How to Make a DIY Bluebird House

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Want to attract bluebirds to nest in your yard? Make a bluebird box! These DIY bluebird house plans meet the songbirds' specific nesting requirements.

bluebird birdhouseCourtesy Tim Laborde

Want to do something that’s good for bluebirds—and fun for you? Learn how to build a DIY bluebird house! You’ll be charmed by the brilliant birds’ beauty and their cheerful singing. Since their diet consists primarily of insects and grubs, your garden may benefit, too.

In the past, bluebirds relied on woodpeckers and other cavity-dwellers to provide the majority of their nesting places. They’d select abandoned cavities in dead trees or rotten fence posts to raise their families. As development wiped out many of these natural nesting sites, the bluebird population declined dramatically. But nesting boxes have played a vital role in reviving the beloved bluebird. They have fairly specific requirements, so these DIY bluebird house plans are designed to meet their needs.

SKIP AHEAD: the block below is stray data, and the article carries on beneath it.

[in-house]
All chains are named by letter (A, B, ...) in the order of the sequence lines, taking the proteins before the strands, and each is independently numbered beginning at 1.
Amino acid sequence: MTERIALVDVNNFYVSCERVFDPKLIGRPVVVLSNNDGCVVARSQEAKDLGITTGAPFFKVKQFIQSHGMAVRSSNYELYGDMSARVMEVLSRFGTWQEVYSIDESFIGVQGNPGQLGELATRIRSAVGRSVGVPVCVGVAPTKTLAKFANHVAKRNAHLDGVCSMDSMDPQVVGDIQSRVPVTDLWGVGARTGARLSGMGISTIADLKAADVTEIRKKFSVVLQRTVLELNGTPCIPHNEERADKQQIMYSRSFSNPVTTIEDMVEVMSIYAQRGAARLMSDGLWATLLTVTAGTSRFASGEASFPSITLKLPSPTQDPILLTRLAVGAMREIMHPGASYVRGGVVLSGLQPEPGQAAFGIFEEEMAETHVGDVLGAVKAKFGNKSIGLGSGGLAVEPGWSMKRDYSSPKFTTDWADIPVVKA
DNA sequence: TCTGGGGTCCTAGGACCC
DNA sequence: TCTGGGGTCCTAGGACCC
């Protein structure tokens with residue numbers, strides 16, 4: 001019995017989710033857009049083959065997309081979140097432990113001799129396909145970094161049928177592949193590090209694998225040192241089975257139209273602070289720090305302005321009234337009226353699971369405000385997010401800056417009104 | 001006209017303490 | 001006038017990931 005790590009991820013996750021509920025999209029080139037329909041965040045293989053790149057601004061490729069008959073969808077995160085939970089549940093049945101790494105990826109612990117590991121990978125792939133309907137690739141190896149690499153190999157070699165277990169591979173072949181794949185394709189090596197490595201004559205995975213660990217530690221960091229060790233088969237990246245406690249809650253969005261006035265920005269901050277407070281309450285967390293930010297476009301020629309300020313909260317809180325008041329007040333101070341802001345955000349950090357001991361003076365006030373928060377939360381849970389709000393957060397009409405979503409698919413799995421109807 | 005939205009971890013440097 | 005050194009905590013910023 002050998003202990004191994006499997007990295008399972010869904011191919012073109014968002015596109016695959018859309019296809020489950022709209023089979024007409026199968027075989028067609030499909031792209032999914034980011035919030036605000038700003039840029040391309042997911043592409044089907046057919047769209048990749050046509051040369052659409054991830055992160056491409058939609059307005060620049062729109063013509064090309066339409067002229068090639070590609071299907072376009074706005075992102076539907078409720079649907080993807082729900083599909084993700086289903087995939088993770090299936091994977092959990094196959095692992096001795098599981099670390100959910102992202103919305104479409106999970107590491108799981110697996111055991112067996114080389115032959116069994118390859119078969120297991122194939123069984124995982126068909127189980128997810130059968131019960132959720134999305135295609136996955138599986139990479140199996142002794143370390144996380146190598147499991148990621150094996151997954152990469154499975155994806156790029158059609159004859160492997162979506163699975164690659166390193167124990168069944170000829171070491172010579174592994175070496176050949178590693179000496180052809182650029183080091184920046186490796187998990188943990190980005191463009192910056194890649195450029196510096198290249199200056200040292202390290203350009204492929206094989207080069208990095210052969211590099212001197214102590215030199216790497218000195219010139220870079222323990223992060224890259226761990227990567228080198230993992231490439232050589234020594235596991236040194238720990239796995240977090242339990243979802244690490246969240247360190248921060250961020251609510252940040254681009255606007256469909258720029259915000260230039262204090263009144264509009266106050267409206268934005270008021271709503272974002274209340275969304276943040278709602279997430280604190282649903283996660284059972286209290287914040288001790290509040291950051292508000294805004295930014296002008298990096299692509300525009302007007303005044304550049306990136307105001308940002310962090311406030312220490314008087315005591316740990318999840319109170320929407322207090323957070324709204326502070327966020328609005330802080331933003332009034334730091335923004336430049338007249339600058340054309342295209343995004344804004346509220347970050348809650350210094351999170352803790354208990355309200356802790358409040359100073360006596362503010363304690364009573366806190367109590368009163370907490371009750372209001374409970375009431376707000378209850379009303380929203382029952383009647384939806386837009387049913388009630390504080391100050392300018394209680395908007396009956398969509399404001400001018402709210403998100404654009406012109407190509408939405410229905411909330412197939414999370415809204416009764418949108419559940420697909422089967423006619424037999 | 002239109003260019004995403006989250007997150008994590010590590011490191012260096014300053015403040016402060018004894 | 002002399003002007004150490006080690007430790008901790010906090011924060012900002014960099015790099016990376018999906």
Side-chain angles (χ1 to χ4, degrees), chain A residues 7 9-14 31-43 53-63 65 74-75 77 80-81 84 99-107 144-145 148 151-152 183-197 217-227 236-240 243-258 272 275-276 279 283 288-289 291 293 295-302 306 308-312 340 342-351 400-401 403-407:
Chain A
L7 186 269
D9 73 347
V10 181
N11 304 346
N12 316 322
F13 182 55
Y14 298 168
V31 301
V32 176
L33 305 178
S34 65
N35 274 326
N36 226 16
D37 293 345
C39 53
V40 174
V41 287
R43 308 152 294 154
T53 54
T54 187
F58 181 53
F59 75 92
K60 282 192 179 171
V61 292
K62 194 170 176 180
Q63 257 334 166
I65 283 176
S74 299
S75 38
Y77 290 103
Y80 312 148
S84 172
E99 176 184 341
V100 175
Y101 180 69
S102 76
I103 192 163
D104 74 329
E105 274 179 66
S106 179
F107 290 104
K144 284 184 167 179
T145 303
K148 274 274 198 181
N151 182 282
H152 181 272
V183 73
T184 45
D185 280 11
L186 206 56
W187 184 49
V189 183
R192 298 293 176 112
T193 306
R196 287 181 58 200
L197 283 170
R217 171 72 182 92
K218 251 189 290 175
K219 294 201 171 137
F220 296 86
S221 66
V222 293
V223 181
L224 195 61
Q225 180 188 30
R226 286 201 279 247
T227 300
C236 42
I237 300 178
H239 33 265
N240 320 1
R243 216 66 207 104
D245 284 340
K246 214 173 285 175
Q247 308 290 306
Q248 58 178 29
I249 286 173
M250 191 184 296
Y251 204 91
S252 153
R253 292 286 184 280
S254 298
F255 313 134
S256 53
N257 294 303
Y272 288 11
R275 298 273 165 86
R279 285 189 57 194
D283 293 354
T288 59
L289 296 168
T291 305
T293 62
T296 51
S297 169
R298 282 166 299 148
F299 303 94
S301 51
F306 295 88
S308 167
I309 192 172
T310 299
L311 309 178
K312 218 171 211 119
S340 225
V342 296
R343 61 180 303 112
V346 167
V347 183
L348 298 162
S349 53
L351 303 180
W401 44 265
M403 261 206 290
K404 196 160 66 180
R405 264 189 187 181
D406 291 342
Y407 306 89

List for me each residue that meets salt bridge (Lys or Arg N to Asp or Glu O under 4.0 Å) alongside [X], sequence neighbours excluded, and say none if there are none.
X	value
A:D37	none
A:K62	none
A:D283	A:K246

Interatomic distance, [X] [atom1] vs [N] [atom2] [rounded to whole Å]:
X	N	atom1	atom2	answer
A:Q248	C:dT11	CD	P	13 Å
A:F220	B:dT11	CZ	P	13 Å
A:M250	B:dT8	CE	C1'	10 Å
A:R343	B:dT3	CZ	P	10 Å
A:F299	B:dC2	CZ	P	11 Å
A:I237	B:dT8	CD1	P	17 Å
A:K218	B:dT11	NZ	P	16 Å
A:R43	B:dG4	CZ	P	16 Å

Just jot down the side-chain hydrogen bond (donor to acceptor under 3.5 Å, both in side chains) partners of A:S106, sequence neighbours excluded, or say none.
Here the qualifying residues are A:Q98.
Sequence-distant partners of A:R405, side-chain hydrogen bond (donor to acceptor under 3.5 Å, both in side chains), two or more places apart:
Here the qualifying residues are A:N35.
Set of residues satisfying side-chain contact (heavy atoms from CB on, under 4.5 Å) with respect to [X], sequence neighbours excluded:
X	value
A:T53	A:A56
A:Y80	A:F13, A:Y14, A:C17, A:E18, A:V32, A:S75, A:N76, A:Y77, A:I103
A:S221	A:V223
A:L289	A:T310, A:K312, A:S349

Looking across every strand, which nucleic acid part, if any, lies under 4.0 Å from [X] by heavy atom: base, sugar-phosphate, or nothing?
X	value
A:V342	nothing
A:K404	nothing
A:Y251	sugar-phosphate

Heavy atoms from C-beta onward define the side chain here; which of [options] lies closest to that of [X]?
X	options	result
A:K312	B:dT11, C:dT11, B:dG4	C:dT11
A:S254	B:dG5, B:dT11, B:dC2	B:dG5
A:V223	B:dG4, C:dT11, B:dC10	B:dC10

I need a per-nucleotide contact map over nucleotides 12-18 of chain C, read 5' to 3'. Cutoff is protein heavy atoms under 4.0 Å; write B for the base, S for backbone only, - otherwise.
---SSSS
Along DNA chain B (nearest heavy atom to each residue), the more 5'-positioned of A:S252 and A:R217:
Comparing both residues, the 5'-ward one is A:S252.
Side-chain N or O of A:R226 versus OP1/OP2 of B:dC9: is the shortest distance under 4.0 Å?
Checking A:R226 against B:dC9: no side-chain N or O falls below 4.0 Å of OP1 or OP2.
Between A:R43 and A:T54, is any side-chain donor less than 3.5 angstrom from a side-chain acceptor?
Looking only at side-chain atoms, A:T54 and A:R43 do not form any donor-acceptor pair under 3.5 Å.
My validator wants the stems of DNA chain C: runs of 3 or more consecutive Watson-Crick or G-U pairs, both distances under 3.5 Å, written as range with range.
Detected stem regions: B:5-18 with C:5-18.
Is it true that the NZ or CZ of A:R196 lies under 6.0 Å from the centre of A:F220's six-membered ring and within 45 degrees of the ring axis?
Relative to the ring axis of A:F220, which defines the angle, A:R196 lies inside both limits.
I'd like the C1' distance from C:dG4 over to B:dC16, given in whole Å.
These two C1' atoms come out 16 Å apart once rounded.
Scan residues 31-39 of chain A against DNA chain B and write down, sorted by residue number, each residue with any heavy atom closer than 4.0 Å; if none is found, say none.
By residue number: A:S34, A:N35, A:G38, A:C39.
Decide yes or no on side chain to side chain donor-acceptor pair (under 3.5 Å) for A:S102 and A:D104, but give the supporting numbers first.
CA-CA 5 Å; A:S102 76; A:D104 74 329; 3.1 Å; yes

Here’s more tips on how to attract bluebirds to your backyard.

Tips for Attracting Bluebirds to Nest Boxes

diy bluebird house

Bluebirds prefer to nest in open areas with low or sparse ground cover. The North American Bluebird Society, which provided the plans, says rural areas, cemeteries, golf courses and parkways with minimal human traffic are good places to mount bluebird boxes. Simply drive a 3/4-inch piece of electrical conduit into the ground and attach the house 5 feet above the ground with conduit straps as shown at right. Attach a predator guard to deter nest raiders.

This bluebird house has a couple of interesting features worth pointing out. It’s assembled with the rough side of the wood facing out so it more closely resembles the birds’ natural nesting sites. And there’s no perch. Notches beneath the entrance hole provide footing for bluebirds, but discourage visits from competing house sparrows and wrens.